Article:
Proposed Trade Policy Would Affect Industry
By Darcie Lunsford
The Trump administration’s shift from talking about reversing U.S. trade policy and toppling trade pacts to levying tariffs and engaging in high-stakes brinksmanship has sent a wave of uncertainty across South Florida’s otherwise-sizzling commercial real estate sector.
In recent months, a flood of letters discussing rising prices has gone out to general contractors from suppliers of steel and aluminum, urging them to brace for price increases as part of the president’s efforts. Says one such notice: “No supplier is willing to protect any projects at this volatile time. Right now, the best we can do is get a 90-day [price] commitment.”
This further exacerbates the already-spiking costs of construction materials such as steel studs, rebar and beams. Many large developments were underwritten a year ago or longer, with building cost estimates that were up to 25 percent cheaper.
Then there are the mounting worries among many economists and commercial real estate experts about an impending trade war. They worry one could trigger rising interest rates and volatile equity markets, ultimately sparking an economic downturn.
China retaliated on the White House plan to tax steel imports 25 percent and aluminum 10 percent with its own tax on many U.S. imports.
“It certainly can’t help,” veteran Miami-Dade County developer Ed Easton says of rising trade tensions and their impact on South Florida’s international trade-driven industrial real estate sector.
Miami-Dade’s industrial market is humming with nearly 5 million square feet of new warehouses and distribution centers currently under construction.
“I would be more concerned if we had more inventory under construction,” says Andy Ansin of Sunbeam Properties, developer of the sprawling Miramar Park of Commerce. Like most developments across the region, occupancy levels are high, and demand from logistics firms, freight forwarders, local suppliers and product distributors quickly fills any new inventory.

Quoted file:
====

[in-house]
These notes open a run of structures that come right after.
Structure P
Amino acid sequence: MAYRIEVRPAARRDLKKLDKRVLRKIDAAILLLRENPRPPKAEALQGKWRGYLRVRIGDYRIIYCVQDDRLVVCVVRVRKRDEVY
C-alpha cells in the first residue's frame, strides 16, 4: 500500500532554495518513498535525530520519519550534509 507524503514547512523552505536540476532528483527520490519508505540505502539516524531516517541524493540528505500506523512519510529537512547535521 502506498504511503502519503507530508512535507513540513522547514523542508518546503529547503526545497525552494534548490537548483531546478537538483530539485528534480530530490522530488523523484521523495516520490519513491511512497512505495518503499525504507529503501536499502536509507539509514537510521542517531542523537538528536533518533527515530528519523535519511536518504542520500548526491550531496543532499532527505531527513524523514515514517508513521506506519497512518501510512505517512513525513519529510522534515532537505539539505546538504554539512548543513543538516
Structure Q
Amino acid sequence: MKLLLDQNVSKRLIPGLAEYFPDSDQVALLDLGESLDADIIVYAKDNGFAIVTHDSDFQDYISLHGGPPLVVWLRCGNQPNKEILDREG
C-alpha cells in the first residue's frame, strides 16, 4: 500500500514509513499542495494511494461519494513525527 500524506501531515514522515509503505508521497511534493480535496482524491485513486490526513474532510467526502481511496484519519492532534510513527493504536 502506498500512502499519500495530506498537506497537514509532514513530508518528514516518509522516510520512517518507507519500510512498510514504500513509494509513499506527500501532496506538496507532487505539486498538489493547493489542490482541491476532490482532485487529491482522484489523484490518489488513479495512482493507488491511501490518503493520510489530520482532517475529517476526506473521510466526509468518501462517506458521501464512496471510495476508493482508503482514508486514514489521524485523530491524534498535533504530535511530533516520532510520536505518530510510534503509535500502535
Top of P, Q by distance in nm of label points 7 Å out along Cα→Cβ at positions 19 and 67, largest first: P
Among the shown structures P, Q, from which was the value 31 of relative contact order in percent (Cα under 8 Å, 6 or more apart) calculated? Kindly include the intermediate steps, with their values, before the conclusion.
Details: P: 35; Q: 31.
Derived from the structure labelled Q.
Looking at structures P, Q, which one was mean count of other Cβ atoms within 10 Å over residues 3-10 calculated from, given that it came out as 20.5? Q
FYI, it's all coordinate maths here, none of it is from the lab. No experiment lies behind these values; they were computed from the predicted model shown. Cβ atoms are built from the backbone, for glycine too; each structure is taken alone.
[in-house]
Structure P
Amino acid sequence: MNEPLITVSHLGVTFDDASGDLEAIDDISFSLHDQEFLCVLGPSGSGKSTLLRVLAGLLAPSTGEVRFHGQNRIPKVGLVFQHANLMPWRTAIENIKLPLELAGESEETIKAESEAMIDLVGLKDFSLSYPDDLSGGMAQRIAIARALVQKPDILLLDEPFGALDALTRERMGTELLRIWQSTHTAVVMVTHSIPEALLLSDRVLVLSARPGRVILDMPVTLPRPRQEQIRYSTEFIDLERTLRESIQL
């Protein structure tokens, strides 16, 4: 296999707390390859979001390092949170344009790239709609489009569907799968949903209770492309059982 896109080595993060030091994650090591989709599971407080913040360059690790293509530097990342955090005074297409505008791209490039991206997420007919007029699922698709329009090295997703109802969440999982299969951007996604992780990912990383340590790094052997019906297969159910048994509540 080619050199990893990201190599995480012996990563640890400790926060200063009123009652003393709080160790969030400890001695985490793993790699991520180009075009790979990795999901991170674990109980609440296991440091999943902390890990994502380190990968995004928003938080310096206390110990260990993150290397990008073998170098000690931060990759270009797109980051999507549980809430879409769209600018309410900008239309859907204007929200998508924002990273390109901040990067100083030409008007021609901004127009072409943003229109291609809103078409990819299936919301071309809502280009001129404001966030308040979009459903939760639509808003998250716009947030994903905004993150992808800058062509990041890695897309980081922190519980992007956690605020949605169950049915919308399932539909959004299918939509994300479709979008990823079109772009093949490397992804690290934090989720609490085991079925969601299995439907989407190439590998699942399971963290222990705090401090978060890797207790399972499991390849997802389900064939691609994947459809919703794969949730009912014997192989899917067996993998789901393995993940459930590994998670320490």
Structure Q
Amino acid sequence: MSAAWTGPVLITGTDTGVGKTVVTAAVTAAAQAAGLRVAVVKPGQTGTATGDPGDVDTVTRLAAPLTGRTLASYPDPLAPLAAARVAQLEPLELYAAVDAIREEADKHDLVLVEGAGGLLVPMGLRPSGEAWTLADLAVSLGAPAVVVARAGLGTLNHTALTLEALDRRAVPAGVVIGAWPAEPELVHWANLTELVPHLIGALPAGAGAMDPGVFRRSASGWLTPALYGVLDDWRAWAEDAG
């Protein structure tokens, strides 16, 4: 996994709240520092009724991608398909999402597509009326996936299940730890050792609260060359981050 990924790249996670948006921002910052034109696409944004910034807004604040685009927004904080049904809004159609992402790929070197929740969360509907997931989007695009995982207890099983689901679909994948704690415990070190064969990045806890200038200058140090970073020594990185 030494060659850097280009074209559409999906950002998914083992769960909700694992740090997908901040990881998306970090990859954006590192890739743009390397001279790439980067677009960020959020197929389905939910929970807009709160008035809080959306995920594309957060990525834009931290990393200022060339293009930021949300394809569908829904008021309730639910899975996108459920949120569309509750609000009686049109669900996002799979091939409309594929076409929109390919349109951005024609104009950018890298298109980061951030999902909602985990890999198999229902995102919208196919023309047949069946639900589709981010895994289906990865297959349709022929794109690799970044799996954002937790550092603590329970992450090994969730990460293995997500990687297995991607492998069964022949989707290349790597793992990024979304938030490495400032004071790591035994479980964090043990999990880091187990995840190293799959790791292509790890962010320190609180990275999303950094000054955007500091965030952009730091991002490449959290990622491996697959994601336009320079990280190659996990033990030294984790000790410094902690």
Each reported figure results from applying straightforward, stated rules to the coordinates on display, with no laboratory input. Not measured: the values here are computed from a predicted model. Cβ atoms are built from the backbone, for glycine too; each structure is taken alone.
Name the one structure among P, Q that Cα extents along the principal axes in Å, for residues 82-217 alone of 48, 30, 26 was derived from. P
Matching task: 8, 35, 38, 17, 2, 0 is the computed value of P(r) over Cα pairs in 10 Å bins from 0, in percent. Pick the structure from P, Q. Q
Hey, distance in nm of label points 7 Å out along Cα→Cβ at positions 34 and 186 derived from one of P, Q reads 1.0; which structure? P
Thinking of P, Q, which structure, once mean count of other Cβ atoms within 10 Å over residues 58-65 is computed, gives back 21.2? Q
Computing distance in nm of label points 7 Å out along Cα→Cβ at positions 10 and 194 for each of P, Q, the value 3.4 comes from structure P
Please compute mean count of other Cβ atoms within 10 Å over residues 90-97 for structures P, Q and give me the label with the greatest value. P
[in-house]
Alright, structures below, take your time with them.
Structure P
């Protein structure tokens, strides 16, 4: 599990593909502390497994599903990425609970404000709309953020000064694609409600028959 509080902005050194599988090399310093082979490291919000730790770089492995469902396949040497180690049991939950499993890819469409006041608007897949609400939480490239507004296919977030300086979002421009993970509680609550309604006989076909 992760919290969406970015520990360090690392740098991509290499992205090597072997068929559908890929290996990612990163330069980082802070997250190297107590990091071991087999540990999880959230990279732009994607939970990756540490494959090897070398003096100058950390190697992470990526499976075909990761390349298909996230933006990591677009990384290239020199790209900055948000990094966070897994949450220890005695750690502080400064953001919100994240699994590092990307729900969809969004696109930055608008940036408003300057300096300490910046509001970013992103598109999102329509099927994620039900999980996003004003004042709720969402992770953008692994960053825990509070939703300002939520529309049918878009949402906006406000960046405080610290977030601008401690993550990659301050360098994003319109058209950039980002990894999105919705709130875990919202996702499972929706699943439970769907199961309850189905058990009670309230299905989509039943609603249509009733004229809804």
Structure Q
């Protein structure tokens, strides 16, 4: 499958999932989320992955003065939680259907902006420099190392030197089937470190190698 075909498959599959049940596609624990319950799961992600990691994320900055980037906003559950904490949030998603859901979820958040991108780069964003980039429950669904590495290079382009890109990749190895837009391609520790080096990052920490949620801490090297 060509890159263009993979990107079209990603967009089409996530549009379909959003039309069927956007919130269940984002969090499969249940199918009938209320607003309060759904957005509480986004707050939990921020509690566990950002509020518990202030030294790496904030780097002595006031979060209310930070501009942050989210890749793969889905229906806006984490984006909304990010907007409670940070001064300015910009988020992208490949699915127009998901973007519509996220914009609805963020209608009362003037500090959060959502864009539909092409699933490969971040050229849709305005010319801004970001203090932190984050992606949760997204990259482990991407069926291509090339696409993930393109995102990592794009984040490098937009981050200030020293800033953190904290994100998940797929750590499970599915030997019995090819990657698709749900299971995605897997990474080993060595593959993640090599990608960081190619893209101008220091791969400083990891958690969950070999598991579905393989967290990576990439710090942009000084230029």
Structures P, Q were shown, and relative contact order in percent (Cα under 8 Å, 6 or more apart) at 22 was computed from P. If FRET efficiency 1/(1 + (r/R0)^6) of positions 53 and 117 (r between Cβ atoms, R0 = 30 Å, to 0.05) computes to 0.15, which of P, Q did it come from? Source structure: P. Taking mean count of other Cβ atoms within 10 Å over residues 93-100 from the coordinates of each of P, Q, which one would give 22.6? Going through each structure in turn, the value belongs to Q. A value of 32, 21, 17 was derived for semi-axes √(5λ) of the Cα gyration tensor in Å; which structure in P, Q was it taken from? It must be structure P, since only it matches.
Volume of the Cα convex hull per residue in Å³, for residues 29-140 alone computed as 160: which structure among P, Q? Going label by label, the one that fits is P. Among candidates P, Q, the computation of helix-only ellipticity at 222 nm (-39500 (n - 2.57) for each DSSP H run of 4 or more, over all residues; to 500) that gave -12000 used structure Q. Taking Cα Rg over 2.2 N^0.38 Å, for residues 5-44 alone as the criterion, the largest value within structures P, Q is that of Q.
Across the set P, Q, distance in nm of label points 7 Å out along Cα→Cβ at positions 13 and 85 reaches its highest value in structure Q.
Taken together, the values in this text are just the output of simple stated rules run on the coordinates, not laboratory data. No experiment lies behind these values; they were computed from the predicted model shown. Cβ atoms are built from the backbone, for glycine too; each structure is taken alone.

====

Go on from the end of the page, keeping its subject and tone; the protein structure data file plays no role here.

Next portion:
While e-commerce fulfillment centers are an increasing part of South Florida’s industrial demand base, the movement of foreign and domestic goods remains a primary driver of demand. Expansion of the Panama Canal and the 2016 arrival of mega-container ships into the Port of Miami (many of them from Asia) further solidified South Florida as a global supply chain hub.
In 2016, Florida’s international trade economy was $142.8 billion, with one in four jobs statewide tied to international trade, according to data from Enterprise Florida, the state’s principal economic development organization. Florida is home to 20 percent of the nation’s exporters, second only to California.
Negotiations on the politically beleaguered North American Free Trade Agreement stand to have the most-direct impact on exports from Florida, which reached $52 billion in 2016. Canada and Mexico are among the state’s top three export markets. China is the state’s second-largest trade partner with nearly $10 billion in two-way trade, and Brazil is first with $18 billion in two-way trade.
And while President Trump focuses on trade deficits, the direction of trade is not a major factor for Florida’s economy, says Tony Villamil of Coral Gables-based Washington Economics Group.
“Whether it is exporting or importing, at the state level, we don’t care as it is the volume of trade that matters,” says Villamil, who was undersecretary of commerce for economic affairs under President George H.W. Bush and part of the NAFTA policy team. “We are in a flow-through economy in terms of total trade volume.”
Trade with Latin America and the Caribbean represents 55.8 percent of the state’s total annual trade. Asia and the Middle East account for 22.2 percent of trade, data show.
“Obviously, some of our trade partners are concerned about the policy uncertainty,” says Manuel Mencia, senior vice president for international trade and business development for Enterprise Florida. “The hope is that a trade war doesn’t happen, as no one wins a trade war.” ↵
Freelance writer Darcie Lunsford is a former real estate editor of the South Florida Business Journal. She is the senior VP for leasing at Butters Group and is avoiding a conflict of interest in her column by not covering her own deals.